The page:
I agree with the comments here. Publix is a prime example, but so are Hy-Vee, Houchens Industries and PDQ Food Stores, all of which are doing really well, with lower-than-normal retail industry turnover. It comes down to having strong leadership. Employee-owned doesn’t mean “Lou from the stockroom” is going to be negotiating contracts and making key business decisions. Even in these companies, leadership starts at the top and will dictate the direction of the company.

Ed Rosenbaum
10 years 7 months ago

This sounds good in theory. I am wondering how difficult it is to pull it off? Who determines the business practices and approves plans for either growth or recovery? There appears to be too many “what ifs” in an employee owned and managed business. Make the retail business a book retailer and another group of problems enters the fray. It will be interesting to remember to return to this in a year and see how it is working or if they are still around.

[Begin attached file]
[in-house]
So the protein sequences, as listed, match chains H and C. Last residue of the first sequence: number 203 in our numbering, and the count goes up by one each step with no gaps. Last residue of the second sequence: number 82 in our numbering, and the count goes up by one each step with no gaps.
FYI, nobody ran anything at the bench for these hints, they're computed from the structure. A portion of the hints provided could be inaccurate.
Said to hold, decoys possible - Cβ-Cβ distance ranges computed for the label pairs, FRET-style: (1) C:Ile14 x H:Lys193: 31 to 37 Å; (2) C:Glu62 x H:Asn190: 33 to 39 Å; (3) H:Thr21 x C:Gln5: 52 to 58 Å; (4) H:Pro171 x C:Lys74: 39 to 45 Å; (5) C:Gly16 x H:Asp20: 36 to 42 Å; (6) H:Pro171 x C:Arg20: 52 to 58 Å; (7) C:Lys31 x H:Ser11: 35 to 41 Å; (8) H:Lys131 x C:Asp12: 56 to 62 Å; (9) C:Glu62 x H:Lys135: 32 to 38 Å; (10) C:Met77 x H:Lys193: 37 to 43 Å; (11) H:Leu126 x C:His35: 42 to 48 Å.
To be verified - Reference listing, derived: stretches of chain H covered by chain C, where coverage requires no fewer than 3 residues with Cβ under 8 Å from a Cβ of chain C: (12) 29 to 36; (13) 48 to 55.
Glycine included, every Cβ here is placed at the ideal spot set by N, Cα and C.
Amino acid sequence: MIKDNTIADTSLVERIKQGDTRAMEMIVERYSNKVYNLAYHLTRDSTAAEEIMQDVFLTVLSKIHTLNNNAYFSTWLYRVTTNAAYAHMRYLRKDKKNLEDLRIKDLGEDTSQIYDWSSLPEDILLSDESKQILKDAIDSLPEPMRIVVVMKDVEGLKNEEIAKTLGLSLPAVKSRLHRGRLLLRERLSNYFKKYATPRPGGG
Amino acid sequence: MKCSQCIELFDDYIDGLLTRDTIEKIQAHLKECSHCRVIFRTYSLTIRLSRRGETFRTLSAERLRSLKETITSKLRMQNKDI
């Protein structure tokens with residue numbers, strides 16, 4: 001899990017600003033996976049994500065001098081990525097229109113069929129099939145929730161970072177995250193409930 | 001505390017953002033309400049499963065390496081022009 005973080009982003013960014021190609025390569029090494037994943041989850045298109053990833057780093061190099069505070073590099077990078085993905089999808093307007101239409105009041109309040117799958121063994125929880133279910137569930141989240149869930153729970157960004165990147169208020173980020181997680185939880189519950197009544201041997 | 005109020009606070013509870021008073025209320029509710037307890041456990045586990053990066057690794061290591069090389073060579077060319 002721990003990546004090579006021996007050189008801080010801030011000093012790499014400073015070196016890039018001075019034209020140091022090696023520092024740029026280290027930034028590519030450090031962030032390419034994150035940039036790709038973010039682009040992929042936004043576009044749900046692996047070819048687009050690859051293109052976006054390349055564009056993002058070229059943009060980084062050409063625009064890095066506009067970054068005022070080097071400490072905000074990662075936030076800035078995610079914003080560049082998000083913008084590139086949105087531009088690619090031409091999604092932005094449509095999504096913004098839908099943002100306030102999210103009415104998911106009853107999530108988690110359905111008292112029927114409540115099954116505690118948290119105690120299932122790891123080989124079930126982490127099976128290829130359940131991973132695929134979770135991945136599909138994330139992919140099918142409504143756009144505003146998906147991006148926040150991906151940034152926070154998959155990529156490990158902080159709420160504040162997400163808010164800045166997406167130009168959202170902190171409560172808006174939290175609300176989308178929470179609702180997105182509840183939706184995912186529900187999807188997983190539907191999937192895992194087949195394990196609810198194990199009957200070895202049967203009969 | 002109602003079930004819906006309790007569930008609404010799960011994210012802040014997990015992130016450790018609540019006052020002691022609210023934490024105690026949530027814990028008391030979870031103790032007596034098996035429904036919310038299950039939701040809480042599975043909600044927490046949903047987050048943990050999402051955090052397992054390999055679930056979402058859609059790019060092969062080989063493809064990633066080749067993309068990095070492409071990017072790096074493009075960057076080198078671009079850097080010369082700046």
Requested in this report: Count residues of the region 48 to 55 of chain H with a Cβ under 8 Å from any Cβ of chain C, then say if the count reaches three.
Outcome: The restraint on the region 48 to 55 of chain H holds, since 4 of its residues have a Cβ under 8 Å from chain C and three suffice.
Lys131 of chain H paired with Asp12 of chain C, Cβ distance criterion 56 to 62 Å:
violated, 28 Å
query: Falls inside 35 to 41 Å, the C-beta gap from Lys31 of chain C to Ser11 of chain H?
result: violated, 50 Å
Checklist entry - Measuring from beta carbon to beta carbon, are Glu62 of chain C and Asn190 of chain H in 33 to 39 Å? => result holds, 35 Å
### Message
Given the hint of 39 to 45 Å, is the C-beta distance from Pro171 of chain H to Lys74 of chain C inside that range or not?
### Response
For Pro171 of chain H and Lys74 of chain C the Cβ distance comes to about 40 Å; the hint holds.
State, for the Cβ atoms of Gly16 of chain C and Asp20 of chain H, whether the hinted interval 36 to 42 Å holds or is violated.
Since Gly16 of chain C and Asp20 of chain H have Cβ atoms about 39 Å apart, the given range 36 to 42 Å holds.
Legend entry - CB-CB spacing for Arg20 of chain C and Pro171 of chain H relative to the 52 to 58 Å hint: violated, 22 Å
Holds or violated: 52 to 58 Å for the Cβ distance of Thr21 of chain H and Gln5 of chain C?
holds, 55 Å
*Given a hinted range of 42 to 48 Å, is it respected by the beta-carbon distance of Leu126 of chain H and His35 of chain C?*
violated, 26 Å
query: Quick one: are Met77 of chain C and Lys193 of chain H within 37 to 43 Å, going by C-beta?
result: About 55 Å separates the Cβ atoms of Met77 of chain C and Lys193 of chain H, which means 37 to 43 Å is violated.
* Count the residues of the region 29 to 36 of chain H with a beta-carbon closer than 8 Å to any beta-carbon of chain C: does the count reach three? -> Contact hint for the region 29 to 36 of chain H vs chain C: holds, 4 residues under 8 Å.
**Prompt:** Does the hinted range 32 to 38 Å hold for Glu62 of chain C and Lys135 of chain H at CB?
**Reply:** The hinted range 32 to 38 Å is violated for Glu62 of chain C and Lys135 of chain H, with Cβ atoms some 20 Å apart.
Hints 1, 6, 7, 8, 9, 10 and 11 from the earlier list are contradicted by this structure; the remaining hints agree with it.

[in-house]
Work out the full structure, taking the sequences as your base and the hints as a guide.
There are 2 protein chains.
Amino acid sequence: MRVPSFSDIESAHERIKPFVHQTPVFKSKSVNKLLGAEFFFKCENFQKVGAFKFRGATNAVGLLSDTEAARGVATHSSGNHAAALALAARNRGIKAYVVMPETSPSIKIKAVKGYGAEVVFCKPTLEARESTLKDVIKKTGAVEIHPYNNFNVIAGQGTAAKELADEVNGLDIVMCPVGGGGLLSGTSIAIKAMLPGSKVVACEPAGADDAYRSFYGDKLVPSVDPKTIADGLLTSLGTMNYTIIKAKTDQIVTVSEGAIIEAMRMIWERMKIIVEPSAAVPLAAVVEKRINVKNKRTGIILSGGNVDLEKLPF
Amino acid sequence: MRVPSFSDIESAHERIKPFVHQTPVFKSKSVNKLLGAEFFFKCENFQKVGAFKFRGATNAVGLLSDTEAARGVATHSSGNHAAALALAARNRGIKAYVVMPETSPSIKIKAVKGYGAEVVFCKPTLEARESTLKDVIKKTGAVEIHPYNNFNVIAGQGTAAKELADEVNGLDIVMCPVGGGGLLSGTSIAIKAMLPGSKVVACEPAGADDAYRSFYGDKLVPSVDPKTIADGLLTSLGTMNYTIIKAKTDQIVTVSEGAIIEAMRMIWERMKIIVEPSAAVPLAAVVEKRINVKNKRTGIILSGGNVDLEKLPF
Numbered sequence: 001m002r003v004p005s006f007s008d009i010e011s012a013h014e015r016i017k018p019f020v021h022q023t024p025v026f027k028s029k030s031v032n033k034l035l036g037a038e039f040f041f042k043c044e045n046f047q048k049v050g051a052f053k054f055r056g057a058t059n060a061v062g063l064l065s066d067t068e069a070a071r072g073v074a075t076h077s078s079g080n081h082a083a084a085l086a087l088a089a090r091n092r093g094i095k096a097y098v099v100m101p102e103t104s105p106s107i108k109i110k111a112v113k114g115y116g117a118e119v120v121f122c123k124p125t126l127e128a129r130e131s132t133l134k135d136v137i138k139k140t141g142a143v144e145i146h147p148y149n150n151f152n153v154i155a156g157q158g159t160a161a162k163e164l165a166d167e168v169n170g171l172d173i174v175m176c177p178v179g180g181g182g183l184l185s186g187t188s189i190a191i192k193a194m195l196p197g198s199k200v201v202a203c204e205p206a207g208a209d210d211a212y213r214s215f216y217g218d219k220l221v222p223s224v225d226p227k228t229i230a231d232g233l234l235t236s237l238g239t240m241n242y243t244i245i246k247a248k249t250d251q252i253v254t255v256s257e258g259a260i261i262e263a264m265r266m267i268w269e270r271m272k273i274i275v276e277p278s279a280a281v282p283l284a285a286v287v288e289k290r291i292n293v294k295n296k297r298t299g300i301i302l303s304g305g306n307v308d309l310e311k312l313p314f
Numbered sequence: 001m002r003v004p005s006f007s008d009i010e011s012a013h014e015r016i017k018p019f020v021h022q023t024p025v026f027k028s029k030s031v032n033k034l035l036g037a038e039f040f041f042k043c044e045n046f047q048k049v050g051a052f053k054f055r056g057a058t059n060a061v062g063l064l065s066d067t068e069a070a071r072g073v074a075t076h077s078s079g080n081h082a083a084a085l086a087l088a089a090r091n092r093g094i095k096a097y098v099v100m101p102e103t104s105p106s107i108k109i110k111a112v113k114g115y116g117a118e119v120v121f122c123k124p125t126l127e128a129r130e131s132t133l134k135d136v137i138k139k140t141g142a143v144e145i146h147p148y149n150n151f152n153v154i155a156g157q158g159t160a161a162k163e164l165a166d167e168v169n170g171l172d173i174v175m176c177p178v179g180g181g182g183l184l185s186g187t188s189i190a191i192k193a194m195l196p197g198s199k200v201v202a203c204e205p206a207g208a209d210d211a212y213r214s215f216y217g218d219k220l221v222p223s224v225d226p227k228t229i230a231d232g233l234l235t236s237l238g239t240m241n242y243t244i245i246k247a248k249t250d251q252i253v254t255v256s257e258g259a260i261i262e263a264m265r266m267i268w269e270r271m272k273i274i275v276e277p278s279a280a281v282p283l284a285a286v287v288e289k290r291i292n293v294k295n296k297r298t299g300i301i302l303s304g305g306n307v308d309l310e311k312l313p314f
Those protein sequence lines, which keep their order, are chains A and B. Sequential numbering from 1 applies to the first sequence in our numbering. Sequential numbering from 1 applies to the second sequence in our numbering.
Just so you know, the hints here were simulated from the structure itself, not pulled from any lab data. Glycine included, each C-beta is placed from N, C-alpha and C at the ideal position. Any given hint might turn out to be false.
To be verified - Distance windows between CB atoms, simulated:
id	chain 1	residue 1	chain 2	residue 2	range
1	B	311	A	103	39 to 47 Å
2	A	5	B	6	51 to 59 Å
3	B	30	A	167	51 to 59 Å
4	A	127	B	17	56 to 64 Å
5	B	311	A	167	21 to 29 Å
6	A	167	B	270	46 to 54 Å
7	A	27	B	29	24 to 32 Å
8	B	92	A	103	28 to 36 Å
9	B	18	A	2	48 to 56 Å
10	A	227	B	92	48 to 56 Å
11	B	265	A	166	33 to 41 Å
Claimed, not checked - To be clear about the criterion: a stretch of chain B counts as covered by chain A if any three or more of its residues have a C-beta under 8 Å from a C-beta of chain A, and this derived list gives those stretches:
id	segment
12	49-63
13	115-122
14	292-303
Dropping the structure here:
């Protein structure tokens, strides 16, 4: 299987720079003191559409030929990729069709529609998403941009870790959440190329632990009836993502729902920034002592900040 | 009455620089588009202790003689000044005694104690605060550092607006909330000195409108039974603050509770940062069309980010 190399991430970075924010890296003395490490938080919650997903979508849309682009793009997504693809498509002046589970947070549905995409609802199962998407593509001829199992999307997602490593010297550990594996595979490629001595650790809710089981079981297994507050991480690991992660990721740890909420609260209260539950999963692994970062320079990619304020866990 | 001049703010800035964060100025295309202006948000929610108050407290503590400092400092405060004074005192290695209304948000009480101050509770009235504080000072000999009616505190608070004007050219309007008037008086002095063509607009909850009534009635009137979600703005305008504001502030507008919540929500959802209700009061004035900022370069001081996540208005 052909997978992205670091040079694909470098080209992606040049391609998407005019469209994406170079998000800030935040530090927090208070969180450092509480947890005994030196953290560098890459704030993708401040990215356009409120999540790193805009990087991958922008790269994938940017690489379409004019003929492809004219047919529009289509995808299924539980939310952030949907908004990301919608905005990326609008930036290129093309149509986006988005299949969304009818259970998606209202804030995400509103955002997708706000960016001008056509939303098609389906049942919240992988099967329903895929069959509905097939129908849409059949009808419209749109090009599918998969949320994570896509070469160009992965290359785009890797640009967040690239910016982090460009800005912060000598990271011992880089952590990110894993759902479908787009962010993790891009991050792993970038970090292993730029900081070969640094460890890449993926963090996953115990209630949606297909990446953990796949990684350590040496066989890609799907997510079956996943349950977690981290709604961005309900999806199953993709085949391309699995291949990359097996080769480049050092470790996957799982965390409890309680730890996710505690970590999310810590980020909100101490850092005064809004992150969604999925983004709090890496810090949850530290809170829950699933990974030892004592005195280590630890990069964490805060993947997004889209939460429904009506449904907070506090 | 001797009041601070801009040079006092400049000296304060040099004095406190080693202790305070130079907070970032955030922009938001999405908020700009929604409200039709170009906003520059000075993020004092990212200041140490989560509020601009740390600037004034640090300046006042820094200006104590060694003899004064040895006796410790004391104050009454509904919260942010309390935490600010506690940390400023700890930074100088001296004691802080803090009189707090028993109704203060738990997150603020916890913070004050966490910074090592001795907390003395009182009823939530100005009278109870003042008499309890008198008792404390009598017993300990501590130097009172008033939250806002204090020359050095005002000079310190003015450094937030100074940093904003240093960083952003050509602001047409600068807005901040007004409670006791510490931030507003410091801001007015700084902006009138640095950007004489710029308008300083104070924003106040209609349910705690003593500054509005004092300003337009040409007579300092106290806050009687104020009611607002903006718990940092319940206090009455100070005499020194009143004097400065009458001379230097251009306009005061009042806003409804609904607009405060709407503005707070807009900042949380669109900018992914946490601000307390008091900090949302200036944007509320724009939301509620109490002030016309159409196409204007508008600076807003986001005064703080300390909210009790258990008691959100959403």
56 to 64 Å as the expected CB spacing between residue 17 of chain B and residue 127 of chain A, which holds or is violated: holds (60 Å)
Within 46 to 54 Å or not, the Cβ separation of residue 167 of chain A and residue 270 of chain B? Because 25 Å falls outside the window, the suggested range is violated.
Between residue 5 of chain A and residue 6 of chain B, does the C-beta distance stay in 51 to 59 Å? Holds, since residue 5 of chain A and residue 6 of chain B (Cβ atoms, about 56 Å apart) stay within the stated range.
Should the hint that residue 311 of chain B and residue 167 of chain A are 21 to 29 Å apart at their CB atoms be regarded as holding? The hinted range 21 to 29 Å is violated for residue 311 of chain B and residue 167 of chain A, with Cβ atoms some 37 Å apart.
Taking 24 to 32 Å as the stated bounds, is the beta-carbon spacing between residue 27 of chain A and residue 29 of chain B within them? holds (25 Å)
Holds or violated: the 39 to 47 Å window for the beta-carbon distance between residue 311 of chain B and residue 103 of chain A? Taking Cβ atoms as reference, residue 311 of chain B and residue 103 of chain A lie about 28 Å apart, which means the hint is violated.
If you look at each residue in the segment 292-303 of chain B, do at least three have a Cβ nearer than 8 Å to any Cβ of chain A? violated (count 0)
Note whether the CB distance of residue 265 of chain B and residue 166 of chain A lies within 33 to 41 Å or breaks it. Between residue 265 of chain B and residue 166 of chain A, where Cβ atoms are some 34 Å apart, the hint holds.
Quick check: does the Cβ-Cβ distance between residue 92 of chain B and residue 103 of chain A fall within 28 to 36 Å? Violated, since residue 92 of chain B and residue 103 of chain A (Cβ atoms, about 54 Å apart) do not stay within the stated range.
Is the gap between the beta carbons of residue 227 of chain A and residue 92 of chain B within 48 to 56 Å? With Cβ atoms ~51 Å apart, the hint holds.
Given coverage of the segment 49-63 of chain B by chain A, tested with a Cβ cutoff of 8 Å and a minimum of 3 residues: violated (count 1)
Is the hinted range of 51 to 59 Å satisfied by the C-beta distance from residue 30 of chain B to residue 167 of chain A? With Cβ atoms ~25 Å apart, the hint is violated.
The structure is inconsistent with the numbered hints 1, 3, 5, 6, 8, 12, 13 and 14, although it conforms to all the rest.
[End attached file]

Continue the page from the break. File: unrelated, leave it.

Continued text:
Mark Price
Mark Price
10 years 7 months ago

At the high level, it is hard to imagine how employee owned organizations would not be more motivated and productive than ones where the employees are basically paid support. However, in my experience, the issue becomes somewhat more complex and nuanced.

In organizations where there is extensive employee ownership, I have discovered that it is difficult for the organization to agree on the balance between short-term revenue and long-term business growth. Since everyone has a stake in the results, everyone feels obligated to voice their opinion. What ends up happening is that the company becomes more risk-averse over time, as employees become more leery of potential threats to the value of their equity.

In the book business, given the fundamental changes facing the industry at this moment, the only solutions that will be successful will involve at least a moderate amount of risk and some significant investment. I am not sure if employee ownership is optimized to take that sort of dynamic steps forward. If they don’t, they won’t be around within five years.